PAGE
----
Does Golden State’s Historic Collapse Mean That The Warriors Are Actually In Trouble?

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The Golden State Warriors suffered one of the more shocking playoff losses in recent memory, squandering a 31-point third-quarter lead to the Clippers on Monday, allowing the road team to even the series 1-1 heading to Los Angeles. Adding to the indignity of defeat, Warriors center DeMarcus Cousins suffered a torn quad during Game 2, and his availability for the remainder of the postseason is in question.

We’re only two games into the playoffs, and there are more cracks in Golden State’s armor than anyone would have thought possible a week ago. Does all of this mean that there is real intrigue in who will emerge as the Western Conference champion, or will the Warriors happily accept this as a blip on the radar while ownership cashes gate receipts from a now-certain Game 5 en route to another Finals appearance?

Championship teams getting blown out isn’t all that uncommon. Golden State has made it a habit of mailing in road games on occasion during their title runs. Cleveland memorably laid an egg in Toronto during the 2016 Eastern Conference finals. Losing uncomfortably isn’t uncommon.

But it’s hard to remember a team getting embarrassed like this, on its home floor no less, on the way to winning a title. The list of the biggest blown leads in playoff history consists mostly of teams that lost the series, and none that have rebounded to win it all. Only the Nets managed to make the Finals after losing a 26-point lead in the Eastern Conference Finals, but they were swept away by the Los Angeles Lakers, who came back from a 24-point deficit in their conference finals series.

However, this Warriors team is a historical anomaly. The level of talent Golden State possesses, even without Cousins for the foreseeable future, is far superior to the average NBA champion. Even after capturing homecourt advantage, the Clippers aren’t close to being favored to beat the Warriors, though there may be something revealed from this latest defeat that can give another opponent some hope against Golden State.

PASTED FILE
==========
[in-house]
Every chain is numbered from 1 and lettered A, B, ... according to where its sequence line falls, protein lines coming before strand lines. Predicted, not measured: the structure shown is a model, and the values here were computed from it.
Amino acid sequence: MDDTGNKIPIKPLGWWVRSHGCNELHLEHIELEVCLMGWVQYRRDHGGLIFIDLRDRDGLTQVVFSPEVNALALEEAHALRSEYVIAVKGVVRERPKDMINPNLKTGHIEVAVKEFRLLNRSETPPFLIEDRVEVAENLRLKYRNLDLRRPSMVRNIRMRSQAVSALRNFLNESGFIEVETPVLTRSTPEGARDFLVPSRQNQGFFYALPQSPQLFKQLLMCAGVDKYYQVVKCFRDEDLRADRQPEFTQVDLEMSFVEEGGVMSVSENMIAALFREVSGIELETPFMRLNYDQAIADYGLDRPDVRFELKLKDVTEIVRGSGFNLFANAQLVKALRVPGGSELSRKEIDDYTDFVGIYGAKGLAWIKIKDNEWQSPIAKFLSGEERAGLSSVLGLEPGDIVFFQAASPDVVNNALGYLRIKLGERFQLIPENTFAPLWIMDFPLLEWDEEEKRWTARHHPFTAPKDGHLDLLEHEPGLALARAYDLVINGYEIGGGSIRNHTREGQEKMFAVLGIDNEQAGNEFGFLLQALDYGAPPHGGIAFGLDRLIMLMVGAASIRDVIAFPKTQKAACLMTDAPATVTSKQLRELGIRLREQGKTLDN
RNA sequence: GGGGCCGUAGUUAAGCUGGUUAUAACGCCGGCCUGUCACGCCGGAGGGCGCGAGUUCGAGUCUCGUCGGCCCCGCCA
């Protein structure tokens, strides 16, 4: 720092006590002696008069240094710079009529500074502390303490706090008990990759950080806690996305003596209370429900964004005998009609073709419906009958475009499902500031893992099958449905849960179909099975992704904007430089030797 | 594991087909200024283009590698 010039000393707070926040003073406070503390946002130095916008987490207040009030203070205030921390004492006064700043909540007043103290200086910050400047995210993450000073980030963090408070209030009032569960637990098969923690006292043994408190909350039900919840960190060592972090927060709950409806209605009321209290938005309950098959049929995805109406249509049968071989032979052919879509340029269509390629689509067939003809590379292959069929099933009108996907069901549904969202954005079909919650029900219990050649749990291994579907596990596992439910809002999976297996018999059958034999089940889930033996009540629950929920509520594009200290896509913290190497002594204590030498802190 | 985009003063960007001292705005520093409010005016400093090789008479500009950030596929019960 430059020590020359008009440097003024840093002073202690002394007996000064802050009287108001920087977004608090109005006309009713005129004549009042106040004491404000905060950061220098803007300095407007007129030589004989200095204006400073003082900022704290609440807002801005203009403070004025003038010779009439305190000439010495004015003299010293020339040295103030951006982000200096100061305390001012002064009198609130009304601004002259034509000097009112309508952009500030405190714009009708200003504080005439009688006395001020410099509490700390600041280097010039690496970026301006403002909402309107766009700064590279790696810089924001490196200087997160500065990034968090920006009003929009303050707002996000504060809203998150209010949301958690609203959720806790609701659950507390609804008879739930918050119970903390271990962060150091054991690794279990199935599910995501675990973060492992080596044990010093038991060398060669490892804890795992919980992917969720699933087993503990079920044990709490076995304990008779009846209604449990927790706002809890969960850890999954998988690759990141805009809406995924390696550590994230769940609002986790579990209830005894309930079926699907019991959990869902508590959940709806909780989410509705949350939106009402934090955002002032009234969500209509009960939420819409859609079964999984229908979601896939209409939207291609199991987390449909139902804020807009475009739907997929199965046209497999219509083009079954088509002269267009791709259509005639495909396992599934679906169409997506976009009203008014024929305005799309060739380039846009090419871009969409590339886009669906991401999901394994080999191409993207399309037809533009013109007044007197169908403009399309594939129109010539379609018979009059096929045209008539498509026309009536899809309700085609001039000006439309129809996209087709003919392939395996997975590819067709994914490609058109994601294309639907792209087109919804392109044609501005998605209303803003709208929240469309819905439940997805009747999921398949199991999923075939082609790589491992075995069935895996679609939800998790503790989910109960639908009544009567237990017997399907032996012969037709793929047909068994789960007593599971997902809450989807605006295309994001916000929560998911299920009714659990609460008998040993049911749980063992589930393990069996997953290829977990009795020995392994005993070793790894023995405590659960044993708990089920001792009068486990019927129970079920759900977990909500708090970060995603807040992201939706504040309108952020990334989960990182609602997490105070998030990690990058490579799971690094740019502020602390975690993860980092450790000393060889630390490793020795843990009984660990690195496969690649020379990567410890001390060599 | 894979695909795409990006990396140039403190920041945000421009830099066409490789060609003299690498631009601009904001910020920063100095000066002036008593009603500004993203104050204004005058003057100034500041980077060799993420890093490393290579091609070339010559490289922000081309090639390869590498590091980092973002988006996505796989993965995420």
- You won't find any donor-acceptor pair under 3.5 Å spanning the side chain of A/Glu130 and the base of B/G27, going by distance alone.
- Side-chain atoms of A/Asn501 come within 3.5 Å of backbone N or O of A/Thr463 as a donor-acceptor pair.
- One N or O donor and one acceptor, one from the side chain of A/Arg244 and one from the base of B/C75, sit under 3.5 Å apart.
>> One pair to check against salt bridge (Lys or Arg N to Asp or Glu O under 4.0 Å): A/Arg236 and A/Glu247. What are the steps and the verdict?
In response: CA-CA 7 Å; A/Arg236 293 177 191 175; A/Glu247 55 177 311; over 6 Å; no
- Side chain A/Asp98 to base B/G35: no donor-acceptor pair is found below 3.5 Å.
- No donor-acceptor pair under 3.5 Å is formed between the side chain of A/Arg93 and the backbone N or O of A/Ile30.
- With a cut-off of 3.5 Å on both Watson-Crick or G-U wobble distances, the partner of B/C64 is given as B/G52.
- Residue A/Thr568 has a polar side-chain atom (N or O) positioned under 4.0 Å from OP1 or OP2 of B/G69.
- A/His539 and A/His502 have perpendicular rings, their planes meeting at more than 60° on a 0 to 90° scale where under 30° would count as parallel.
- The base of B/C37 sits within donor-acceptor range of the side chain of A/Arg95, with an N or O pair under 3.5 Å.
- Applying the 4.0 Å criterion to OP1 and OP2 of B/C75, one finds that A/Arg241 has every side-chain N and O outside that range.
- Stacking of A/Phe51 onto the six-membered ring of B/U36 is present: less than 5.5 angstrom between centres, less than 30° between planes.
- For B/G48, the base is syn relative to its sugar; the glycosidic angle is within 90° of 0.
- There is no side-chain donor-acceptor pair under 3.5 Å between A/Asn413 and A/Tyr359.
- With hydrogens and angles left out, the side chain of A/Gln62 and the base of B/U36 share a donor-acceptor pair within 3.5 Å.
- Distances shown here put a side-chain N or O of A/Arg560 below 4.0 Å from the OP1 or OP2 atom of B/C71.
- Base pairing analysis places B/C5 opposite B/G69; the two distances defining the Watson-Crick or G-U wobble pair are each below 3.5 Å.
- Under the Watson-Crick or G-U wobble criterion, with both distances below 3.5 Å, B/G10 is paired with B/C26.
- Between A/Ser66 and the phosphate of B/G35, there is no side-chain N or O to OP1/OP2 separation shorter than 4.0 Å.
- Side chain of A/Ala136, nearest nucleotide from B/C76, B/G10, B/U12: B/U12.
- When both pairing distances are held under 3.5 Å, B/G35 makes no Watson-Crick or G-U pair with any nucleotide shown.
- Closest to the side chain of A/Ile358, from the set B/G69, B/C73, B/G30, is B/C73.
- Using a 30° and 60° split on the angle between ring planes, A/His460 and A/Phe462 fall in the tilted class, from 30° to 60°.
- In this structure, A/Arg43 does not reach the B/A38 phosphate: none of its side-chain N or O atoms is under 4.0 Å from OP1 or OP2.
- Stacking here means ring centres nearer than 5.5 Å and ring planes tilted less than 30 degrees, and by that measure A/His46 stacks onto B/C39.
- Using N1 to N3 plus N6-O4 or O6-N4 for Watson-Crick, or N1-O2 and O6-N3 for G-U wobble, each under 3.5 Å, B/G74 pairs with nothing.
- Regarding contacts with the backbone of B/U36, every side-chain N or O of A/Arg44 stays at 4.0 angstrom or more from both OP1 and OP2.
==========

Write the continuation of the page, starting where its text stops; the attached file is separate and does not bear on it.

First and foremost, getting Stephen Curry into foul trouble remains one of the most fool-proof ways of throwing the Warriors off their rhythm. Curry played less than four minutes in the pivotal third quarter that allowed LA to discover its offensive groove. He left the game after picking up his fourth foul with a 25-point lead, came back for one possession at the end of the period and immediately turned the ball over, and the Clippers were within 14 heading into the fourth.

This season, when Curry had at least four fouls in a game, Golden State was 10-7. That’s still a winning record, but having Curry in foul trouble at least makes the Warriors more mortal. There’s also the fact that having Curry off the floor allowed the LA to bring in Lou Williams earlier without fear of defensive repercussions, and that’s another problem that Golden State is still unprepared to deal with.

Dating back to the 2015 NBA Finals, it’s clear that the Warriors have difficulties with small, slithery guards who can run the pick-and-roll or score in isolation, like Kyrie Irving, and now Williams. Klay Thompson, Andre Iguodala, and Kevin Durant form just about the most terrifying perimeter defensive tandem you could dream up, but none of them are well-suited to guard much smaller players, giving Williams and guards like him a slight advantage, pun intended. Williams has had two of his best games ever at Oracle Arena, including Game 2 and a 50-point explosion on Jan. 10, 2018.

The Houston Rockets, for example, who are in line to meet up with Golden State in the next round, feature 6’0″ Chris Paul, another smaller guard who has given the Warriors fits – his scoring average of 22.5 points per game against Golden State is his highest against any team in the NBA throughout his career. Paul was magnificent in the Western Conference finals last year, and figures to be healthier this year should the two teams meet again.

Then again, the Warriors’ main problem Monday was arguably their lack of focus after building a 31-point lead. It’s not unreasonable for a team to let its guard down after going up by what appears to be an insurmountable margin, and Golden State has shown a capacity to flip the switch when necessary throughout each of the last three seasons.

But this regular season seemed to indicate more fissures within the Warriors locker room than years past. And even the death lineup of Curry, Thompson, Iguodala, Durant, and Draymond Green wasn’t immune against the Clippers. That five-man group played during their collapse for over four minutes with a minus-29.1 net rating. They turned the ball over 4 times, committed 5 personal fouls, and only hit 2-of-5 shots. With or without Cousins, this lineup has been Golden State’s ace in the hole for five years, and if the death lineup is no longer unbeatable, then that could be the most dangerous indicator of the team’s vulnerability.

Nevertheless, it’s just one game against an L,A. team that prides itself on being “roaches” that just don’t die. There is a good chance the Warriors re-establish their dominance against the Clippers in Game 3, and the series resets on their terms. But for now, Golden State isn’t playing the role of Goliath as well as it can, and the two-time defending champs are leaving an opening for David sooner or later.